Tasks that involve soft skills are quite broadly defined and include:
- Problem sensitivity – the ability to tell when something is wrong or likely to go wrong.
- Coordination – being able to adjust your actions in response to others.
- Taking responsibility for outcomes of other workers.
- Working in groups or teams.
- And consequence of error – understanding where your mistakes have big spillovers on others.
This is not to say that numeracy and literacy skills don’t matter: far from it. Rather, the evidence points to another set of skills that are important for wage progression, especially for low-educated workers.
Good policies, good jobs
How can this research help us design policies that generate good jobs? First, there are policies that exploit complementarities. For example, encouraging investment in artificial intelligence that helps integrate lower-educated workers in productive work, or redressing geographical concentrations of low-educated workers. Enhancements in the UK’s digital infrastructure will facilitate people’s efforts to upgrade their skills in the post-pandemic economy and to engage in society more generally.
Then there are policies that develop synergies. This could include subsidising firm-based qualification training with a component of nationally accredited training in soft skills. Local employers in sectors with good growth prospects could naturally contribute by identifying key complementarities.
To be effective, these steps need to be part of a broader suite of policies. An enhanced Universal Credit system alongside a generous minimum wage to boost low earnings will play an important part. There is also a need for regulatory change to line up benefit eligibility and tax treatment for the self-employed.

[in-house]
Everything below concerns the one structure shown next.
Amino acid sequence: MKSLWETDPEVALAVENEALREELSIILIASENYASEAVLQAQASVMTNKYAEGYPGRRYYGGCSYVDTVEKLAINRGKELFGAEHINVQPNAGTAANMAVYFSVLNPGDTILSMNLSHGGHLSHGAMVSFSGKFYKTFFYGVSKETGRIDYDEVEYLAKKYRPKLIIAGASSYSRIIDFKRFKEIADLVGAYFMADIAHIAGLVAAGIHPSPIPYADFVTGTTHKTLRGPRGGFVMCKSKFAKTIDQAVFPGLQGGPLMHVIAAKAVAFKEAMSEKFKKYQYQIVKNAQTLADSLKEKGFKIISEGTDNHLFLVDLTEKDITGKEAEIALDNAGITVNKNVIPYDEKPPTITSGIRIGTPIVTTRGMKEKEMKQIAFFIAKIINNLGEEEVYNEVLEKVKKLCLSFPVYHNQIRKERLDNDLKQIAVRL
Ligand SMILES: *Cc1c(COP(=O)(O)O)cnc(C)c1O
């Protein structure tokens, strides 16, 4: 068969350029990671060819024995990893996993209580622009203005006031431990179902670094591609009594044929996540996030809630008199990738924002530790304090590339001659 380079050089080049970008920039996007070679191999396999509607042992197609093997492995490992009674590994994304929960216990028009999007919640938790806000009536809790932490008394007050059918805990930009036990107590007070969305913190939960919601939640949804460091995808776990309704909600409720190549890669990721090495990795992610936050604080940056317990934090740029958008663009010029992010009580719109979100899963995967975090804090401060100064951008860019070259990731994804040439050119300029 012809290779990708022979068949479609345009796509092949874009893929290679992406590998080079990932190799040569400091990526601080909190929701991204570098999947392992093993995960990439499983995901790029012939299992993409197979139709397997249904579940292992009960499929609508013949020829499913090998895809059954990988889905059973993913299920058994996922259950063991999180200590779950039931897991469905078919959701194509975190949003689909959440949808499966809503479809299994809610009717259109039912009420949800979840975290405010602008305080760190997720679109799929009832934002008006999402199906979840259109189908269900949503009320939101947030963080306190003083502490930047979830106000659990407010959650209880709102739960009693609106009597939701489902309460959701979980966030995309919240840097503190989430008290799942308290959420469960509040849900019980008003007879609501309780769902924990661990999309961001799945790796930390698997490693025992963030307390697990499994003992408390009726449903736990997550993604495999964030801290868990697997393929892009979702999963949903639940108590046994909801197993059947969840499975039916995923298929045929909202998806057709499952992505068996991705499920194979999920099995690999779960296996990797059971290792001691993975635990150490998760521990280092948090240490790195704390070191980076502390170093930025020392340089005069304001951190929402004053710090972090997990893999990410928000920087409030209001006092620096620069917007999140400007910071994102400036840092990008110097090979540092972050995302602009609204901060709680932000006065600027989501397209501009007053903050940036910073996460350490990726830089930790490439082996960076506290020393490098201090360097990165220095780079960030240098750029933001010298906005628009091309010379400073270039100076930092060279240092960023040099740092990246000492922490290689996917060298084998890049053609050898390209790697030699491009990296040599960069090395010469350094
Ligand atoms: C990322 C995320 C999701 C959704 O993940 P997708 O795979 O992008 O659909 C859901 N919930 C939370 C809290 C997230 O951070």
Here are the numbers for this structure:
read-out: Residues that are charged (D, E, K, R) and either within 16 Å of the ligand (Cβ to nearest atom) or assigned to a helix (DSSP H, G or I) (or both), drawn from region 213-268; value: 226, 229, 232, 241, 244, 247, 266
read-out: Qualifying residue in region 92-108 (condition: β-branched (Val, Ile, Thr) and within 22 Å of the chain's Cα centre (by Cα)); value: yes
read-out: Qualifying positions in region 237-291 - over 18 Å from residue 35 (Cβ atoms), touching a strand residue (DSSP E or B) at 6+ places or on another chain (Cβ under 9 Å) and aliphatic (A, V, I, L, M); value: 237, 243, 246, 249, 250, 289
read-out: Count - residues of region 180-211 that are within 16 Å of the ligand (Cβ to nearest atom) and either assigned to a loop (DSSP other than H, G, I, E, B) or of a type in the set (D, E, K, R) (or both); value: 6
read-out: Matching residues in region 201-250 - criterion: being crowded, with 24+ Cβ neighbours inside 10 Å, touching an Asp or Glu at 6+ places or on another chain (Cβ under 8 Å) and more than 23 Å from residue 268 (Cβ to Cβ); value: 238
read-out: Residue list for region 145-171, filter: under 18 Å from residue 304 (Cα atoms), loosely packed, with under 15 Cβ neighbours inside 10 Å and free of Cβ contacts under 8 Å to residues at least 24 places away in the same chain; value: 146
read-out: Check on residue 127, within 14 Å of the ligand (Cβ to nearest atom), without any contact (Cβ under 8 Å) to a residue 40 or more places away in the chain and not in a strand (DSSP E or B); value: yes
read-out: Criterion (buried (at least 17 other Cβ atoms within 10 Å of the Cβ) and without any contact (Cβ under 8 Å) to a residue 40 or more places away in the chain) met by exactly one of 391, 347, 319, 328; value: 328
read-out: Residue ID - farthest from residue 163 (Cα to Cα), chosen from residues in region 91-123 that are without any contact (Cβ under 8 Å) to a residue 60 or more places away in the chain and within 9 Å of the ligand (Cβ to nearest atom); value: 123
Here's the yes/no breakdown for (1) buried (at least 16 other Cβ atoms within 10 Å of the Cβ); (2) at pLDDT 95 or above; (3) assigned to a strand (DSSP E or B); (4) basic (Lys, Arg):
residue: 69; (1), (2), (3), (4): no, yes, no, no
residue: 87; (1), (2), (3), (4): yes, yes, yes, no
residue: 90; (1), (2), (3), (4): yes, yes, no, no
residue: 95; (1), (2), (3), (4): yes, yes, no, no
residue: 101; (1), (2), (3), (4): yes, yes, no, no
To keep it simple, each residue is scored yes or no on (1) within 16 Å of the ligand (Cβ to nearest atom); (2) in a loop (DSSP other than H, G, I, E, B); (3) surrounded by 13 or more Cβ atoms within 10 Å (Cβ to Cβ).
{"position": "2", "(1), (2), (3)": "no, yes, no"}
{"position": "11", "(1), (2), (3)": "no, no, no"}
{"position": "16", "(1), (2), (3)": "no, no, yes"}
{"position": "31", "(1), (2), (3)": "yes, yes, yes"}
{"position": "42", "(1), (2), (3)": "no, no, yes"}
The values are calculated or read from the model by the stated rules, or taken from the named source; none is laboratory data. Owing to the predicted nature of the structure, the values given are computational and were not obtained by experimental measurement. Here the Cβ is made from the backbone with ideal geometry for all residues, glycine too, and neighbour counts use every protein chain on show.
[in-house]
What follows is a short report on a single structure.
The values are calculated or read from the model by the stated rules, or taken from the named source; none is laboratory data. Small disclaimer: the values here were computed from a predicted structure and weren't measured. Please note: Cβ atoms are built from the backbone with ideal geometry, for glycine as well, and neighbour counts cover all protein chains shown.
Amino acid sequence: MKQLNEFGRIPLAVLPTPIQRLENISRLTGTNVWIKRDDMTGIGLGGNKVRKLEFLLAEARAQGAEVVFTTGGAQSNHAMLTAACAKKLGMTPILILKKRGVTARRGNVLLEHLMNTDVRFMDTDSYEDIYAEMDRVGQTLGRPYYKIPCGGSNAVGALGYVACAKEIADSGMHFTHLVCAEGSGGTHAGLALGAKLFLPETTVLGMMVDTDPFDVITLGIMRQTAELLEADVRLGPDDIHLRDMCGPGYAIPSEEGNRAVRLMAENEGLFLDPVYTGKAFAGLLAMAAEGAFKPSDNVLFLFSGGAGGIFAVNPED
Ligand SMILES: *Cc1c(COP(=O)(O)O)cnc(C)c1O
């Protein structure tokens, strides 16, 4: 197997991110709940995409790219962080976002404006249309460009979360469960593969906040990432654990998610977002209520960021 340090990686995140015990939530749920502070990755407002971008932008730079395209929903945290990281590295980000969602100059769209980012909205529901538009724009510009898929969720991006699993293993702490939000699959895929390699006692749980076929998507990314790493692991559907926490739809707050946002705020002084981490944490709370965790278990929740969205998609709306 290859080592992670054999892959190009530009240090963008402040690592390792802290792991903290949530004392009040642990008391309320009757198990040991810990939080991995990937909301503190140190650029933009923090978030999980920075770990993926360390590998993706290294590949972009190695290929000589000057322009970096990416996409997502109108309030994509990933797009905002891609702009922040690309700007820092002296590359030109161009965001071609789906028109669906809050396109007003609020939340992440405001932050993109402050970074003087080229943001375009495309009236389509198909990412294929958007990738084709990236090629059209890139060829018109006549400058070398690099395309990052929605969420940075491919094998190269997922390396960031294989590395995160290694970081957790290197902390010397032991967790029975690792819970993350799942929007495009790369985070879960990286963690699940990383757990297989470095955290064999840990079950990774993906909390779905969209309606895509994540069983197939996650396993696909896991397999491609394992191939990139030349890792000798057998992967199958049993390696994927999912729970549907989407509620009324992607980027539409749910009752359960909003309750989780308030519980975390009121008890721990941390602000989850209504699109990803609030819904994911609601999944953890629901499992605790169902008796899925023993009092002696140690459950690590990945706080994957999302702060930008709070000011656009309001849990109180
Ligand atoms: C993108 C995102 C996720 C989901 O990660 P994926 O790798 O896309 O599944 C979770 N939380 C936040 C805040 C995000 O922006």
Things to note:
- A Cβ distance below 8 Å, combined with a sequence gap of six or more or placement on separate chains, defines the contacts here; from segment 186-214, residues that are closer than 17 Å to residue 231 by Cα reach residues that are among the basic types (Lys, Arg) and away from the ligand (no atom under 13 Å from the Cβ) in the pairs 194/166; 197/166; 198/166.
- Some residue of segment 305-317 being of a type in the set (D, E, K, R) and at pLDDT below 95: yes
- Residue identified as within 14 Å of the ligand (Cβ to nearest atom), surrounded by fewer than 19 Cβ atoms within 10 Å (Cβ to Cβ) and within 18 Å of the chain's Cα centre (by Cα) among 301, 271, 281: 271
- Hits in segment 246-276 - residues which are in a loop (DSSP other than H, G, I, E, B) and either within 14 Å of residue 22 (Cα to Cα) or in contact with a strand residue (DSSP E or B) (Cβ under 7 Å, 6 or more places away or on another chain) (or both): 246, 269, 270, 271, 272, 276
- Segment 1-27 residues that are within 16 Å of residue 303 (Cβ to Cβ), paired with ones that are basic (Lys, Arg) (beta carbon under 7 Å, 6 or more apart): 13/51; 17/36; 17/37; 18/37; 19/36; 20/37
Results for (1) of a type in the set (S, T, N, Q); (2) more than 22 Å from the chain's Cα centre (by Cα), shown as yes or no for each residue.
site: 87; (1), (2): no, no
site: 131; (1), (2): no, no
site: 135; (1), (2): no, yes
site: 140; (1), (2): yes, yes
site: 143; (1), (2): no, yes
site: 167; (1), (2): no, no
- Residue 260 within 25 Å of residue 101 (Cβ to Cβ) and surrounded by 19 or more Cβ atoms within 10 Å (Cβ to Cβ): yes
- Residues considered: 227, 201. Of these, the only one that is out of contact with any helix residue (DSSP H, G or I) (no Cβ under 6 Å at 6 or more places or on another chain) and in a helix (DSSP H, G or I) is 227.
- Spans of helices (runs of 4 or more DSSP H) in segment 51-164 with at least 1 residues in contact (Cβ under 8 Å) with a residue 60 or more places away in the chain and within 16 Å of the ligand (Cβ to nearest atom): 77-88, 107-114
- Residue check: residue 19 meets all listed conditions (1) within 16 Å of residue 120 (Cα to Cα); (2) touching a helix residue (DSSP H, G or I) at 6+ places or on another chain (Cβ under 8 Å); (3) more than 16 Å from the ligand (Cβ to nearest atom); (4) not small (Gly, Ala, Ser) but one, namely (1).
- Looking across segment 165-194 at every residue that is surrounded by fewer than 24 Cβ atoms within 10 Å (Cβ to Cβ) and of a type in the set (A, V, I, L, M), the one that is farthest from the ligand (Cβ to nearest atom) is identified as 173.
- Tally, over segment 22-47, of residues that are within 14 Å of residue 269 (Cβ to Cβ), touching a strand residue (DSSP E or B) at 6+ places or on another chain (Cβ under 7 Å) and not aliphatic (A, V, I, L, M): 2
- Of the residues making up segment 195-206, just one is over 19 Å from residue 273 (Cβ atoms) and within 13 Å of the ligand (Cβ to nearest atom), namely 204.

The need for a radical suite of targeted policies has been made more urgent by the pandemic. Perhaps the crisis will bring a new emphasis on building a fairer society. To do so, low-earning workers will need support and training that focuses on the demands of the post-Covid-19 economy, of which accredited training in soft skills will be a key component.
Where can I find out more?
- The innovation premium to soft skills in low-skilled occupations: VoxEU article discussing the link between a firm’s level of innovation and the wages of their workers in low-skilled occupations.
- Income inequality and the labour market in Britain and the US: Richard Blundell and co-authors examine income inequality and the relationship between labour market earnings and the tax systems in the two countries.
- How has COVID-19 disrupted the UK labour market, and how can better adult training and job placement aid the recovery? Report from the International Public Policy Observatory (IPPO) on the need for training and reskilling in the context of the skills mismatch between employers and workers.
- Skills strategies for future labour markets: Articles from the International Labour Organization.
Who are experts on this question?
- Richard Blundell, University College London
- Rachel Griffith, University of Manchester
- Philippe Aghion, London School of Economics
- Paul Gregg, University of Bath
- Sandra McNally, University of Surrey